Tax bills are calculated based on taxable value instead of state equalized value. As part of proposal A, beginning in 1995, taxable value increases by the Consumer Price Index or 5%, whichever is less.
Taxable Value is a calculation:
Taxable Value = (Prior Year's Taxable Value - Losses) x Consumer Price Index (CPI) + Additions (i.e. new construction and/or omitted property improvements)
Can taxable value increase more than the rate of inflation?
You have received a postcard because CSZ Services has been hired by your City or Township as an Assessor. An employee of CSZ Services will verify data that is kept on your record card. This information includes building sketches, building and property conditions, and photographs of all properties.
The field technician will NOT enter any buildings on your property.
The Assessor is the government official responsible for establishing the value of property for tax purposes. All property within the city or township is valued each year as to its status on December 31. The City or Township Assessor is responsible for evaluating your property's value and the City or Township Treasurer is responsible for collecting your taxes.
There are a few components that could raise taxes:
1.) An increase in millage. Periodically, voters have an opportunity to renew or approve increases to tax rates at special elections. If voters approve additional millage, your taxes will increase.
(2) Your property's taxable value. The Taxable Value of a property is adjusted each year based on the Consumer Price Index (CPI) and other factors. An increase in taxable value will result in an increase of your taxes.
(3) Your taxable value could be adjusted based upon new construction or omitted items were added.
(4) You purchased a new home. Proposal A, which passed in 1994, places an annual cap on the growth of property tax assessments; but when the home is sold, the cap comes off and the assessment reverts to the State Equalized Value (SEV).
Interested in estimating your property taxes? Use this link
It was most likely us. All CSZ employees carry a form of identification with them while they are in your neighborhood. We are currently trying to update our records, which are kept at the city or township office. The State of Michigan recommends we have a picture of all properties.
If you need to find your property lines, you should contact a local surveyor to perform this service. We can provide you your record card which includes your lot size, but we cannot survey or locate stakes on your property.
If you are looking for a subdivision plat, check out this site.
All assessed values are calculated according to the State Tax Commission standards. This value is shown as the State Equalized Value or SEV on your tax statement. It is a mass appraisal technique that takes into account the current cost to replicate your house and then depreciates that cost based on the age of the structure. It is then adjusted to market value by comparing the depreciated cost of homes that have sold in your area to their sales price. Each year, assessors are required, by law, to analyze sales by economic neighborhood using a two year sales study to adjust that neighborhood so that assessed values are at 50% of market value.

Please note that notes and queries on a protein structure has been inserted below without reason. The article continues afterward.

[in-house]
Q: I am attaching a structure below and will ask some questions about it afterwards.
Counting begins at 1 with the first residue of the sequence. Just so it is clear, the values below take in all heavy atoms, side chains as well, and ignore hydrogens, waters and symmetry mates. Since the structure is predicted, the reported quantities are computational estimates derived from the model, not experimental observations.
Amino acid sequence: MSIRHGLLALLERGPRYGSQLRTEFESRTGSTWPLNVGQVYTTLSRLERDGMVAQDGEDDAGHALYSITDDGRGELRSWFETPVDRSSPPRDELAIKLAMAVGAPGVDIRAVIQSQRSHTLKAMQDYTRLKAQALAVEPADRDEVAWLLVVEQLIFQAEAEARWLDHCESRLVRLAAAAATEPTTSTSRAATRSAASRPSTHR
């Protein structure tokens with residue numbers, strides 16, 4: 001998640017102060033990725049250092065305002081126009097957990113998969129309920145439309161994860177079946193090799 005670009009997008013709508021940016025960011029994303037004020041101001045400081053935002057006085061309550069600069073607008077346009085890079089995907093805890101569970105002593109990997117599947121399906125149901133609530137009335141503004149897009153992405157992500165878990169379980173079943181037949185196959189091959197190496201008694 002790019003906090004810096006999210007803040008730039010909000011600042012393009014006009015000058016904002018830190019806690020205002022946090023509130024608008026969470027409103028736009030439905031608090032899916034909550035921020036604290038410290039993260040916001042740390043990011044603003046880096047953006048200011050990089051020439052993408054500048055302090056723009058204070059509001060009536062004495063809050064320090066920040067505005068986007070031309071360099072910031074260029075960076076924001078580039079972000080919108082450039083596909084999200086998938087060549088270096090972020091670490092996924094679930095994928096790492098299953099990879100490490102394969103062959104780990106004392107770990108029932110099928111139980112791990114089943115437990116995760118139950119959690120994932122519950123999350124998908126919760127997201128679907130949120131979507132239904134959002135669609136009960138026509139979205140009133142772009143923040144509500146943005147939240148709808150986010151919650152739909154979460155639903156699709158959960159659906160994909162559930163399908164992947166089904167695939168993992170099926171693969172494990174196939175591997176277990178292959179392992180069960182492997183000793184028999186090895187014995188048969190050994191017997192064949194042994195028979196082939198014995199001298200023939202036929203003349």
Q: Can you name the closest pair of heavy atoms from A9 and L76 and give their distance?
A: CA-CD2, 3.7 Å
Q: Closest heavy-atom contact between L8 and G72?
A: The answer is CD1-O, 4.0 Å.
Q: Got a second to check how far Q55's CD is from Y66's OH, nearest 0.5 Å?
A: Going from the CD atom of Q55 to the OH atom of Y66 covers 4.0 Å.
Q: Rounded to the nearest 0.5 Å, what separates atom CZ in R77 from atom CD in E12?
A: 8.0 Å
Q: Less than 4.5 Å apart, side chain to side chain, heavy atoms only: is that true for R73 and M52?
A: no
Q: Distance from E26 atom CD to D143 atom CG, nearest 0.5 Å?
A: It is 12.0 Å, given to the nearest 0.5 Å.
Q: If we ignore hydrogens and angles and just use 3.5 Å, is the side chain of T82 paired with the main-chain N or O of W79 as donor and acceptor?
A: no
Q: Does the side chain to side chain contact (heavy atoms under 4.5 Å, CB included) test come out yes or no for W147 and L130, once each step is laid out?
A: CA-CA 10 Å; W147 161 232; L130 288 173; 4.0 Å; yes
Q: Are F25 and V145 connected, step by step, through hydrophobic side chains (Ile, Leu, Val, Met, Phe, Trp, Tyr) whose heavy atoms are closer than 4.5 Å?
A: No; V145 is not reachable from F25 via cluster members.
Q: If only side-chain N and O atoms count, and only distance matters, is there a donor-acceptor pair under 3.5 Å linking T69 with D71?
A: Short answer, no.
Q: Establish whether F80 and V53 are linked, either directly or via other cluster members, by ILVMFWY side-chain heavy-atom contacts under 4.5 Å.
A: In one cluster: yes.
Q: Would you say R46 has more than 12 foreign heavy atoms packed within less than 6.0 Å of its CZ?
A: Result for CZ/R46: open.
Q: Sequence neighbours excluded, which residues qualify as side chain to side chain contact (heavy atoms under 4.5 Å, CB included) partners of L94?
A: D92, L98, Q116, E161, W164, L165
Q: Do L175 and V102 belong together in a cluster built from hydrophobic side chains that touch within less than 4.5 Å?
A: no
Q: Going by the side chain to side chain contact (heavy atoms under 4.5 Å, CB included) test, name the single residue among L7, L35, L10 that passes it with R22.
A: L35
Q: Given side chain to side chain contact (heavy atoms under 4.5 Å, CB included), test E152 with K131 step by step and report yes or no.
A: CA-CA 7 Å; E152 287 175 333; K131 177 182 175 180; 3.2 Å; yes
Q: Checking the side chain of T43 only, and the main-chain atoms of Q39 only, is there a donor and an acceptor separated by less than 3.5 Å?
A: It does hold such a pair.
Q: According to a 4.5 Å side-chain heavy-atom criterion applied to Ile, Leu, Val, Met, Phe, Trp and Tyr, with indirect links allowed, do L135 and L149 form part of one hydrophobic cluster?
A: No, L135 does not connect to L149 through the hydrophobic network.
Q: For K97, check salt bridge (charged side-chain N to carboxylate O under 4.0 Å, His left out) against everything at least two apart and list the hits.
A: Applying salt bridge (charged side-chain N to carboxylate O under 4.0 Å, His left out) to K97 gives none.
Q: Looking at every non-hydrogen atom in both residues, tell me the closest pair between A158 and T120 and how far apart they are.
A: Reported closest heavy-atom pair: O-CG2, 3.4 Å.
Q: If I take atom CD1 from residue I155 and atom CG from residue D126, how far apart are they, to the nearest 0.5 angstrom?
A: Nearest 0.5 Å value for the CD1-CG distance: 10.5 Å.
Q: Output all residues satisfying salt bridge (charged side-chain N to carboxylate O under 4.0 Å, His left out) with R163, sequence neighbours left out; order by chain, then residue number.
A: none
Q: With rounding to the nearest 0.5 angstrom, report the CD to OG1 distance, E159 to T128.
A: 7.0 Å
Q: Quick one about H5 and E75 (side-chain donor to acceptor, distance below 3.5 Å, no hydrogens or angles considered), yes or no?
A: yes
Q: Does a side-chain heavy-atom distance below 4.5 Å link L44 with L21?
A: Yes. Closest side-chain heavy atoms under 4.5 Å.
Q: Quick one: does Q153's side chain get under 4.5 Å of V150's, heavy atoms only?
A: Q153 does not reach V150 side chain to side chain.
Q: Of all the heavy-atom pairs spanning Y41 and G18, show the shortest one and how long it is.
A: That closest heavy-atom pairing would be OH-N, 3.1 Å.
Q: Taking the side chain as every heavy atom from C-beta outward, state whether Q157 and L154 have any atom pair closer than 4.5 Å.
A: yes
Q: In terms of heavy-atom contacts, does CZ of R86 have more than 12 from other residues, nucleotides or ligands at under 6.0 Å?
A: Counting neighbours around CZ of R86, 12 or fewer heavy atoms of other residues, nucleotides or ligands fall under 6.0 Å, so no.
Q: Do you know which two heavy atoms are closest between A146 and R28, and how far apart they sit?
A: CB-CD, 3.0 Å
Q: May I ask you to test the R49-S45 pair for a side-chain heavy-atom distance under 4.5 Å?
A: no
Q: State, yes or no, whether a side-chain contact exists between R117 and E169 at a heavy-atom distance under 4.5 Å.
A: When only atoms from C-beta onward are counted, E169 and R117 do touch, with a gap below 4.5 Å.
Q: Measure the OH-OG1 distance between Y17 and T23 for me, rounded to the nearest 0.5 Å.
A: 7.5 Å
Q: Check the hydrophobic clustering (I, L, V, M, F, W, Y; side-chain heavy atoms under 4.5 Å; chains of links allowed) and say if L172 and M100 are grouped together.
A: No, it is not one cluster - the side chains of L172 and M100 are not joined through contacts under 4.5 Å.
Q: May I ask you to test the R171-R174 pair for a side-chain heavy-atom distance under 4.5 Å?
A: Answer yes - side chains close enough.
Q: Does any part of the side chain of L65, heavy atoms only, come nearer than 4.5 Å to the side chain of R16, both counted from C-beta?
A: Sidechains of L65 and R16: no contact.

Why isn't the assessed value half of what I purchased it for?
The assessed value is half of its market value, not its purchase price.
Assessed value changes vary according to the individual characteristics of houses in relation to sales in your area. Building style, size and amenities (i.e. porches, decks, garages, extra bathrooms, etc). The current sales information for your neighborhood may show no value increase over last year's value. However, the taxable value is tied to the Consumer Price Index (see calculation above) and is calculated annually causing an increase in your taxable value.
An affidavit must be filed whenever title of real estate or buildings on leased land is transferred. Assessors use the affidavit to make sure that property is assessed properly and receives the correct taxable value.
This document can be obtained from the closing agent (i.e. title office, financial institution or attorney) or you can download the form here . This affidavit must be filed even if you are not recording a deed. Please file this completed form with your local assessor within 45 days of the transfer.
Some transfers are exempt, including changes in ownership solely to exclude or include a spouse, transferring a property into a trust where the sole beneficiary is the creator of the trust or that person's spouse, redemption from a tax sale, or transfer to effect a foreclosure. The back of the affidavit includes instructions as well as outlines the transactions that require and do not require the use of the form.
Michigan State law grants a homestead exemption from local school operating taxes for homesteads and qualified agricultural properties. Currently, this is a reduction of 18 mills of school tax.
To qualify, you must own the property and occupy it as your legal, primary residence. The deadline to qualify for any given year is June 1 or November 1 of that year, based on when the school district levies the operating mileage. Buyers who close and/or occupy the residence after deadlines may be eligible for exemption the following year.
If this is your first homestead application or you are buying a property that was not previously homesteaded, you can use the Affidavit for Homestead Exemption (2368)
If you stop using your exempt property as your principal residence, but are not selling it, you are required to file a Request to Rescind Homestead Exemption (2602). This form must be filed within 90 days of the change. The exemption remains in effect through December 31 of that year.